Less than two years after the World Anti-Doping Agency (WADA) added higenamine to its list of substances prohibited in sport, an international team of public health researchers has published a peer-reviewed study documenting inaccurately labeled and potentially harmful levels of the stimulant in weight-loss and sports/energy supplements available in the United States. Based on the findings, the researchers are urging consumers to use caution when consuming supplements labeled as containing higenamine. The research was published in the peer-reviewed journal Clinical Toxicology.
“We’re urging competitive and amateur athletes, as well as general consumers, to think twice before consuming a product that contains higenamine,” said John Travis, Senior Research Scientist at NSF International and a co-author of the study. “Beyond the doping risk for athletes, some of these products contain extremely high doses of a stimulant with unknown safety and potential cardiovascular risks when consumed. What we’ve learned from the study is that there is often no way for a consumer to know how much higenamine is actually in the product they are taking.”
The independent study was conducted by researchers at global public health organization NSF International, Harvard Medical School and the National Institute for Public Health and the Environment (RIVM) in the Netherlands. The researchers studied 24 products labeled as containing higenamine or the synonyms “norcoclaurine” or “demethylcoclaurine” and found unpredictable and potentially harmful quantities of the stimulant ranging from trace levels to 62 mg per serving. Of the 24 products tested, only five listed a specific quantity of higenamine on the label, and none of those five quantities were accurate. Based on the labeled directions for use, consumers could be exposed to up to 110 mg of higenamine per day. The health risks of higenamine remain poorly understood, but as a beta-2 agonist, it has been prohibited from sport by the WADA, and therefore poses a risk to competitive athletes’ careers.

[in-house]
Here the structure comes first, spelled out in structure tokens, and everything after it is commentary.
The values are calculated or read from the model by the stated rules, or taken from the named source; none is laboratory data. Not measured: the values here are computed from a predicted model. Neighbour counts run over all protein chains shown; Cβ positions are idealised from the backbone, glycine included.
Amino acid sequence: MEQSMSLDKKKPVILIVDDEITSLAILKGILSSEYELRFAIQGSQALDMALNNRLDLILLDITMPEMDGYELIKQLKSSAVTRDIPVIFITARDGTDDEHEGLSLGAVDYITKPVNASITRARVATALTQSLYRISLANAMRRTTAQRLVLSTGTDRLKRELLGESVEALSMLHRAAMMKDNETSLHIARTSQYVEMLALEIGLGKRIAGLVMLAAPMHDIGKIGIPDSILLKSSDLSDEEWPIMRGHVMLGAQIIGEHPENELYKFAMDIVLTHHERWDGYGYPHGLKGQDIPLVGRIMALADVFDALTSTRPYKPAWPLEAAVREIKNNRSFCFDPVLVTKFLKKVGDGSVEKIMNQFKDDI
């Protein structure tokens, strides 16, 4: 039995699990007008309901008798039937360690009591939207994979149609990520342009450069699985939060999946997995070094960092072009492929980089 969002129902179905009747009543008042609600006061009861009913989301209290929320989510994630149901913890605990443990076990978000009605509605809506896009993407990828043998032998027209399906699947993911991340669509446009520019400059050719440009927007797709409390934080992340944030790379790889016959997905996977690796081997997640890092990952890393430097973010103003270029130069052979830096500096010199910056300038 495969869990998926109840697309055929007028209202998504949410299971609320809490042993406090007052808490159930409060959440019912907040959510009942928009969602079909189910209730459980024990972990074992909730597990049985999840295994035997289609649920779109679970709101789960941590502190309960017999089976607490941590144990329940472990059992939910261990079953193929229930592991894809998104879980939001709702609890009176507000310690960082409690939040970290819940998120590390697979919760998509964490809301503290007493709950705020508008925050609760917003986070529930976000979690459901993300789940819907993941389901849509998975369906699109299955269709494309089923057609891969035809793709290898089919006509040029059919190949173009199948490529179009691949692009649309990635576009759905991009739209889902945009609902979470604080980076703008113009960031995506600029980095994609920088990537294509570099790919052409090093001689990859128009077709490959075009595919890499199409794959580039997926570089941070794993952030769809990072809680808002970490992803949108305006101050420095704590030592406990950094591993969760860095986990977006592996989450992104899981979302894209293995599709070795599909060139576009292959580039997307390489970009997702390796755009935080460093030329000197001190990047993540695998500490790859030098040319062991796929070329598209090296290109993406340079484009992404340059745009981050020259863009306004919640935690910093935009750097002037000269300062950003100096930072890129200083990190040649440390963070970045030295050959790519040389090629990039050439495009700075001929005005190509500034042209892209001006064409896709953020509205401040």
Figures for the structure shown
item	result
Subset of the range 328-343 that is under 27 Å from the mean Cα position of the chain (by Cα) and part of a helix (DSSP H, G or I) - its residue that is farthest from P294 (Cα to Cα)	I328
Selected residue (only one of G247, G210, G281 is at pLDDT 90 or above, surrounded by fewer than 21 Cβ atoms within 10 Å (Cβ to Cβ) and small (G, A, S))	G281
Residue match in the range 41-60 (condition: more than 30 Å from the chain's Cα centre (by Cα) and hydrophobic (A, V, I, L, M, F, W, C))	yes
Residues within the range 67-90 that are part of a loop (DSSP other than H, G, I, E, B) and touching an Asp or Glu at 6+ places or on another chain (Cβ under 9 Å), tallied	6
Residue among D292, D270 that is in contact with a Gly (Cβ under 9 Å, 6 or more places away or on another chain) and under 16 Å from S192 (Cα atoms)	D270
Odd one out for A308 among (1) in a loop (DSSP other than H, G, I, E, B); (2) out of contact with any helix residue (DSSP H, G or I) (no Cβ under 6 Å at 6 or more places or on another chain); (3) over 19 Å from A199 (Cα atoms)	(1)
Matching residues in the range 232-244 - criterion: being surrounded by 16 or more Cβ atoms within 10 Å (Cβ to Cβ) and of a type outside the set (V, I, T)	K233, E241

"Some plants, such as ephedra, contain stimulants. If you take too much of the stimulants found in ephedra, it can have life-threatening consequences. Similarly, higenamine is a stimulant found in plants,” said Dr. Pieter Cohen, Associate Professor of Medicine at Harvard Medical School, Internist at Cambridge Health Alliance and a co-author of the study. “When it comes to higenamine, we don't yet know for certain what effect high dosages will have in the human body, but a series of preliminary studies suggest that it might have profound effects on the heart and other organs."
Dietary supplements lead to an estimated 23,000 emergency department visits each year in the United States, and weight loss and sports supplements contribute to a large portion of these emergency department visits.
“Higenamine is a natural constituent of several traditional botanical remedies, such as aconite root and Aristolochia brasiliensis,” said Travis. “While higenamine is considered a legal dietary ingredient when present as a constituent of botanicals, our research identified concerning levels of the stimulant and wildly inaccurate labeling and dosage information. And, as a WADA-prohibited substance, any amount of higenamine in a dietary supplement should be of concern to the competitive athlete.” The research points to the need for independent testing and certification of dietary supplements, a public health service that NSF International provides.
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